Transforming IT Operations: Embracing Automation for Enhanced Infrastructure Support

If you are responsible for managing and supporting IT Infrastructure, you know and understand the complexity involved in ensuring systems are available and stable.  Many organizations continue to manually manage their infrastructure but there are opportunities to automate repetitive tasks. Everywhere we turn, we hear about how artificial intelligence will impact so many aspects of our lives going forward. Enabling automation to manage your infrastructure will position your teams to absorb the changes AI will bring.

In the age of information, it would be reasonable to think that those mundane, repetitive tasks are a thing of the past – streamlined, eliminated, by various technologies and automation, or even artificial intelligence. In reality, this is far from the truth. For an example, a recent study from Zapier reported that 94% of workers say they perform repetitive, time-consuming tasks in their role. Imagine unlocking the potential of your employees by eliminating tasks that adherently keep them from being their best, restraining them from driving more growth and opportunity within the organization.

The first question that must be asked is why is this happening, what is causing repetitive manual tasks to continue unchecked?  It comes down to two key factors:  visibility and human nature.

Many organizations are not aware of the manual steps that are done within their organization, whether this is defined under what would be considered Incident or Request Management. Interestingly, in many cases the people doing these repetitive manual tasks are not self-conscious of just how repetitive they are as well – unless directly asked to think about them. These types of activities tend to occur as business as usual, reactionary or through shoulder tapping, leaving no traceable way to understand that these actions are taking place. It is critical for elimination of this type of work to be identified through analytical insight and engagement.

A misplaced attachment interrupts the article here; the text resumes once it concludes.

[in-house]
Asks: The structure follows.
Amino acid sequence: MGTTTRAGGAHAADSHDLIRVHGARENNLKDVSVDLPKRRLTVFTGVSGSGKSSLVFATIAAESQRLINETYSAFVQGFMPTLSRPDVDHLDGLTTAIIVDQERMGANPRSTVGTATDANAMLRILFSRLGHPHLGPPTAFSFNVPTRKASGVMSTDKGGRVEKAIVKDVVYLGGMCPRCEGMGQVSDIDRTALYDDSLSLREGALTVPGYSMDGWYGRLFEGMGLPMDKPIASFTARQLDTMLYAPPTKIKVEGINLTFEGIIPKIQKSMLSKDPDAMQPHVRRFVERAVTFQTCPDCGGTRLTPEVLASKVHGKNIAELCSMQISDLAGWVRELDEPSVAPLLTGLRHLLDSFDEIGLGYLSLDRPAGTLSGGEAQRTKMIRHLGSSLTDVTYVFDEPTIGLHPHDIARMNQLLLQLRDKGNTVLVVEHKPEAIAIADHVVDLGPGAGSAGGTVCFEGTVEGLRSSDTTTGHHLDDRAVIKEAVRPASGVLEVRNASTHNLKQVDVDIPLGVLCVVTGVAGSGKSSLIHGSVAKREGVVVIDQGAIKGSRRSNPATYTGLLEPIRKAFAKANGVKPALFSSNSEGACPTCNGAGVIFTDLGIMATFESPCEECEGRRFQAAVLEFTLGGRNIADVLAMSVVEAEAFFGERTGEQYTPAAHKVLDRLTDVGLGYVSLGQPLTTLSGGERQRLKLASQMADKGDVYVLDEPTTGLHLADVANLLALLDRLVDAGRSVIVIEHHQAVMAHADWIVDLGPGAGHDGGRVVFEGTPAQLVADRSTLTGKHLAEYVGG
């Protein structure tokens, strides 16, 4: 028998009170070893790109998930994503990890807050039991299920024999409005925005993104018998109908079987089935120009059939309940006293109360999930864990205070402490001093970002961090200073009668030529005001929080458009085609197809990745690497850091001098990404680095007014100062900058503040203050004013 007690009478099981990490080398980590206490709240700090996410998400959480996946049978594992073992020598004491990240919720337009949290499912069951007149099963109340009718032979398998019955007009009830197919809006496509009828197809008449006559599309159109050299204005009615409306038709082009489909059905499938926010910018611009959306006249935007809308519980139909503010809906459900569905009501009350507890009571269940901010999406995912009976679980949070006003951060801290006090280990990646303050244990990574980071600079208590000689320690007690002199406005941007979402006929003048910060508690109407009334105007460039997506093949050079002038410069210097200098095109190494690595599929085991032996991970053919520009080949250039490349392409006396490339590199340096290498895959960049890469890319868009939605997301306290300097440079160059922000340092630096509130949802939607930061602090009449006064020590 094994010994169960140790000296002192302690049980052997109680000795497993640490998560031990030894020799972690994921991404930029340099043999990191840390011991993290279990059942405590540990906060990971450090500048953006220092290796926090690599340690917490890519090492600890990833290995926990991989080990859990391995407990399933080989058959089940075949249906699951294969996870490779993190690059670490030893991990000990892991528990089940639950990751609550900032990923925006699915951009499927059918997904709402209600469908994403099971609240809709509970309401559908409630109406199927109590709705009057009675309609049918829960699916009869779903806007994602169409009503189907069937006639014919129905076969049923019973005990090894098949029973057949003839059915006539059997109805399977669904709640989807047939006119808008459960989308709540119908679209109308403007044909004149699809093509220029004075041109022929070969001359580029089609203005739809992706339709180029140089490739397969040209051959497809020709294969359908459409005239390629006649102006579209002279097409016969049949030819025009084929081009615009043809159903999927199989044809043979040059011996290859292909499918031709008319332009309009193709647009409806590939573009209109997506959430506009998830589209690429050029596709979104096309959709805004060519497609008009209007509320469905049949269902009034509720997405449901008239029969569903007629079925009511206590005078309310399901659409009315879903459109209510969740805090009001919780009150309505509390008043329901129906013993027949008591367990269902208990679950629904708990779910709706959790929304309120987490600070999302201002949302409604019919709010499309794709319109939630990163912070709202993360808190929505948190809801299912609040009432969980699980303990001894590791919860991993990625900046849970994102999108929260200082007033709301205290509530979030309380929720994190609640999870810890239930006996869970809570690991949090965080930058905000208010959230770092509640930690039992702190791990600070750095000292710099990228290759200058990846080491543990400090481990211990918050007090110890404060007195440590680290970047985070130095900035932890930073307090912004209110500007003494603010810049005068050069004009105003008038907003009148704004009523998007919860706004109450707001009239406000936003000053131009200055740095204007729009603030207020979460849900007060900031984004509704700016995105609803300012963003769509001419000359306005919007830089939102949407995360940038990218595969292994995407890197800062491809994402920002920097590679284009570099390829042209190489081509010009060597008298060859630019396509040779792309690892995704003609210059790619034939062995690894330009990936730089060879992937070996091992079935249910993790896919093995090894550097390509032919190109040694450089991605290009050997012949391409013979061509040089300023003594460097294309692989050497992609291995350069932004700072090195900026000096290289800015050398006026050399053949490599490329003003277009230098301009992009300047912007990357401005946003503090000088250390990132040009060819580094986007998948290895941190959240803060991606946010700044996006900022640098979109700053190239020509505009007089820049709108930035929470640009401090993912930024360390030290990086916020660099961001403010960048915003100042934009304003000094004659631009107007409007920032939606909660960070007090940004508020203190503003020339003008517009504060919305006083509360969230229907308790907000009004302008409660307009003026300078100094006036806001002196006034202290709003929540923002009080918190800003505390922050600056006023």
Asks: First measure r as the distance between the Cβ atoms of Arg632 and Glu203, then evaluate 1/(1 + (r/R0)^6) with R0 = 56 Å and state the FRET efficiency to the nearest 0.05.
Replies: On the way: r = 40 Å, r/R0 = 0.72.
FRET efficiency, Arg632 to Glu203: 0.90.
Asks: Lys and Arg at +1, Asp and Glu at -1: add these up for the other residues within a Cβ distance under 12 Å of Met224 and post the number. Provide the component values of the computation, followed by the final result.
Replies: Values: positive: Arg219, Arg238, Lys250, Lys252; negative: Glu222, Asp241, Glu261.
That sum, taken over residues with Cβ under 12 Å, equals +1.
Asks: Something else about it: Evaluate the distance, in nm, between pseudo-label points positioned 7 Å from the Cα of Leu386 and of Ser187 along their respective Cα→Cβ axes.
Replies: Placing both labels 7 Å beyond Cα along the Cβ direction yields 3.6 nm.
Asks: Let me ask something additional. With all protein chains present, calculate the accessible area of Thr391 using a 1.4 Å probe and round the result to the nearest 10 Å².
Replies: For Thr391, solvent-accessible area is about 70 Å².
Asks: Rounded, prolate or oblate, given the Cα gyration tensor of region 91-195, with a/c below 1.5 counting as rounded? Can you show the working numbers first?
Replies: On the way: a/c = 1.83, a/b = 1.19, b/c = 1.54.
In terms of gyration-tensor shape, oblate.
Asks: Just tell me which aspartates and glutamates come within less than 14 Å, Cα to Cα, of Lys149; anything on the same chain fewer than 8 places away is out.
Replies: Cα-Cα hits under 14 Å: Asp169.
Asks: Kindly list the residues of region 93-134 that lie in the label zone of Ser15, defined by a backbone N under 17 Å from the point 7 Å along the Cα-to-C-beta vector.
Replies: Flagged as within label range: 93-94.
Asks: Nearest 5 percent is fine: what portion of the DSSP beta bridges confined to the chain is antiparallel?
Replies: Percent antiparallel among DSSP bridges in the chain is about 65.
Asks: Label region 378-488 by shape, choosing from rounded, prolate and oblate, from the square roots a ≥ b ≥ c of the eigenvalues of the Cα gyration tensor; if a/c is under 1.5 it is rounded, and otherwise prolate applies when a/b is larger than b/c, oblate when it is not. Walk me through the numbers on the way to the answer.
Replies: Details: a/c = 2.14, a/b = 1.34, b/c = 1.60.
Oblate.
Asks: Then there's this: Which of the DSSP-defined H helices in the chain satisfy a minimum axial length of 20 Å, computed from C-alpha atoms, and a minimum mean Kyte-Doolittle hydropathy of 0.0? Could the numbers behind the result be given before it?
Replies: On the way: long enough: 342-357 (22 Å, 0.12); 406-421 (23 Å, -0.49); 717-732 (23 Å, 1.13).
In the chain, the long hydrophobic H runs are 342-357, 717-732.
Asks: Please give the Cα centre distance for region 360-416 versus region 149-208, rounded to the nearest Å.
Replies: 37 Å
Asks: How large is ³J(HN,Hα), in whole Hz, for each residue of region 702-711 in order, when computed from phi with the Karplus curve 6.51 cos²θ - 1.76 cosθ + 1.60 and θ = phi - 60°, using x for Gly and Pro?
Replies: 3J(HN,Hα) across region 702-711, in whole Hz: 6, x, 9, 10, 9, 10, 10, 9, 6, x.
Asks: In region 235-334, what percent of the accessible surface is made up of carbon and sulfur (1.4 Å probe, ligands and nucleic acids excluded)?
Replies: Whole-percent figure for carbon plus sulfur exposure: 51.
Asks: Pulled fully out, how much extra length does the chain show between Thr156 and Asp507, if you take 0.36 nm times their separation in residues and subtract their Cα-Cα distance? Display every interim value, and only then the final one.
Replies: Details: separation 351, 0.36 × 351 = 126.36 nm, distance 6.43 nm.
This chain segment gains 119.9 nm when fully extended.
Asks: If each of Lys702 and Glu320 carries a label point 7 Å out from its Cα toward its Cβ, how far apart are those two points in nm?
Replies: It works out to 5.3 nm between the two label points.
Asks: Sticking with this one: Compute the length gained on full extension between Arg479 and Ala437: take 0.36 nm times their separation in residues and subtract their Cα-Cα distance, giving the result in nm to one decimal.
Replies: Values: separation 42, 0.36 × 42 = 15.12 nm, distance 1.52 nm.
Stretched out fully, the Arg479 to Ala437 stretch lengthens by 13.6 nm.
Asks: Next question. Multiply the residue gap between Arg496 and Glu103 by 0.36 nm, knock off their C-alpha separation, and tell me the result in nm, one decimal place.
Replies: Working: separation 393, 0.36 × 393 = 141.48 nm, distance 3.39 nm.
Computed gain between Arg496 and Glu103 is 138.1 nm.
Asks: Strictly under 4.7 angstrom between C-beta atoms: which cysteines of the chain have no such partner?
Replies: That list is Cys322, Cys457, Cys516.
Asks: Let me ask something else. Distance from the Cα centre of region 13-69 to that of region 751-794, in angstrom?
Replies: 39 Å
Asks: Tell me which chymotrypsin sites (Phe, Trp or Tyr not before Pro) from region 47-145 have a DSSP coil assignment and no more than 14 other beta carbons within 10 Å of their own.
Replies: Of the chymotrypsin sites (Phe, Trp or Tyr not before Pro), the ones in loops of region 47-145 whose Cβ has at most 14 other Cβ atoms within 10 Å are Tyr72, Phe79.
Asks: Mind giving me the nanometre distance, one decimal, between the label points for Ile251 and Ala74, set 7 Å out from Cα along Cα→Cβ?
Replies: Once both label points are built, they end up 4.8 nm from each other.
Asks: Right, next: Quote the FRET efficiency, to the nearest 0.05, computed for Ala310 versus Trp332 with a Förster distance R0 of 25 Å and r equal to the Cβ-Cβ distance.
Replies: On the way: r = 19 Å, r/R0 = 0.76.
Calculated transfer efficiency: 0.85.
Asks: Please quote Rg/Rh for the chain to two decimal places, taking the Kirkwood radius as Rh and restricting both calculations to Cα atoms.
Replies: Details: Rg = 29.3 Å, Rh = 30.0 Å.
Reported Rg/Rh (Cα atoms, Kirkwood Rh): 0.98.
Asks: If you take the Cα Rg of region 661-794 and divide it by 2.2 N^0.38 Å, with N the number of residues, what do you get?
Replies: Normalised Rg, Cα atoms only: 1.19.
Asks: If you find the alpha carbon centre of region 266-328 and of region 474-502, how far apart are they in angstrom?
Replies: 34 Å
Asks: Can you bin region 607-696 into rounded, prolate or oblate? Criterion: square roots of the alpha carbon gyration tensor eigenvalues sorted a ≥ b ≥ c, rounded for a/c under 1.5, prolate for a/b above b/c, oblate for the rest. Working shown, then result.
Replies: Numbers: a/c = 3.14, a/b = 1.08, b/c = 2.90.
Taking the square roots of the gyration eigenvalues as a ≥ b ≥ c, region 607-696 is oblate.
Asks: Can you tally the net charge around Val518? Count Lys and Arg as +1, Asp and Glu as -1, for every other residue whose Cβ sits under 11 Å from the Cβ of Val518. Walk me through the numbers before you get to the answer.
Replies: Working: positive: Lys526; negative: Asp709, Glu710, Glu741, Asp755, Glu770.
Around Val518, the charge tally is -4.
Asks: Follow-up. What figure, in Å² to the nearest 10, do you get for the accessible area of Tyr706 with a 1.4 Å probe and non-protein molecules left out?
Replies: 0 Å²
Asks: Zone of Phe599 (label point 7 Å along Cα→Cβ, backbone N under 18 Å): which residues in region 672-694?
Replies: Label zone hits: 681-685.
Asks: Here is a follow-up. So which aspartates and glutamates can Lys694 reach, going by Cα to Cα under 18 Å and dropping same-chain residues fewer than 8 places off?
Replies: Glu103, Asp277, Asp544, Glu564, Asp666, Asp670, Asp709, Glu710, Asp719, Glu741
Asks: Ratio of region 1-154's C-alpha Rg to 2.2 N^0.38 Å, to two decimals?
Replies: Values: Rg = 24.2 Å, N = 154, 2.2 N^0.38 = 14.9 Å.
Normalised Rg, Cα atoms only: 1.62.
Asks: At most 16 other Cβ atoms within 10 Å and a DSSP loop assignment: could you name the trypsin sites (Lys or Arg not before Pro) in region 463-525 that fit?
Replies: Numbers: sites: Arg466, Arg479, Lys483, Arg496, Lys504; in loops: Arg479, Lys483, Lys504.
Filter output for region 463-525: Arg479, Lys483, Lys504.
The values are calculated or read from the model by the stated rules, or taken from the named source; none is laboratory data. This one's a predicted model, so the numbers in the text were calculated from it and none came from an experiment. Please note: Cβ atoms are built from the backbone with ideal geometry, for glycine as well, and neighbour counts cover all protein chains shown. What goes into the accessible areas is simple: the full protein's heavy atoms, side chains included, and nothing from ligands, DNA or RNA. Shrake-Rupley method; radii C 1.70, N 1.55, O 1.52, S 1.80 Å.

Steps must be taken to first create the ability to be aware of what is happening. All activities being performed in a day need to have a record of them occurring, even for that daily report someone manually executes and sends to a team. Through incident and request based automation, data can be exposed to trend behaviors of events to know what can and should be automated. Without the data, there is no visibility, and without visibility there can be no clear efficient path forward.

The second, and more challenging of the two key factors, is us – humans. Dr. Michio Kaku coined it best as the “caveman principle.” The understanding that humans will always resist what is new, what may change that is considered the norm. We see this every day with new technologies, the perceived pending doom that human advancement carries with it. An example of this was the advent of bicycles in the late 19th century. There was a negative association with bicycles, many medical experts were worried of the implications to the human body. Even worse it, “disgraced a woman’s walk.” It is hard to imagine that such an uproar over bicycles ever occurred, but it did – just like we see today with autonomous vehicles, artificial intelligence and automation in general, just to name a few. It is the fear of the unknown and the fear of disruption that causes resistance. The thought that my job will be different because of a certain technology creates concern in us all – myself included.

So how does one get past this barrier of human resistance?  It is through educating that the emotional fear of what is new is instinctive. It is by sharing with those affected that these advancements are an opportunity for the individual and for the company as a whole. These understandings is what will help provide a clearer path to allow for successful implementation of automation. This is not accomplished in a one-hour meeting but through a continuous methodology which engages those that are going to have automation brought into their daily lives. These individuals are the cornerstone to success, they must be involved and play a vital role in driving automation. Not only does this ensure that there is a process that shares in the excitement of implementing automation, but also validates what is being pursued is the right approach step-by-step and that those involved know how the automation will work.

With engagement at the ground roots of a team, success can be driven with automation by helping identify redundant and manual tasks and sharing in the success and understanding of the teams it will affect.

Automating is the easy part, and will be ubiquitous within our lives, as it will play an important role with the upcoming advancement and transformation that Artificial Intelligence will bring. It is the building of automation as a cognitive fundamental part of each area of an organization which is foundational to its success – and to an organization’s success as a whole.

If you’d like to discuss ways that TeamSWAMI can help your organization create, implement and enable an automation strategy, please reach out to Krupal Swami – [email protected] to discuss.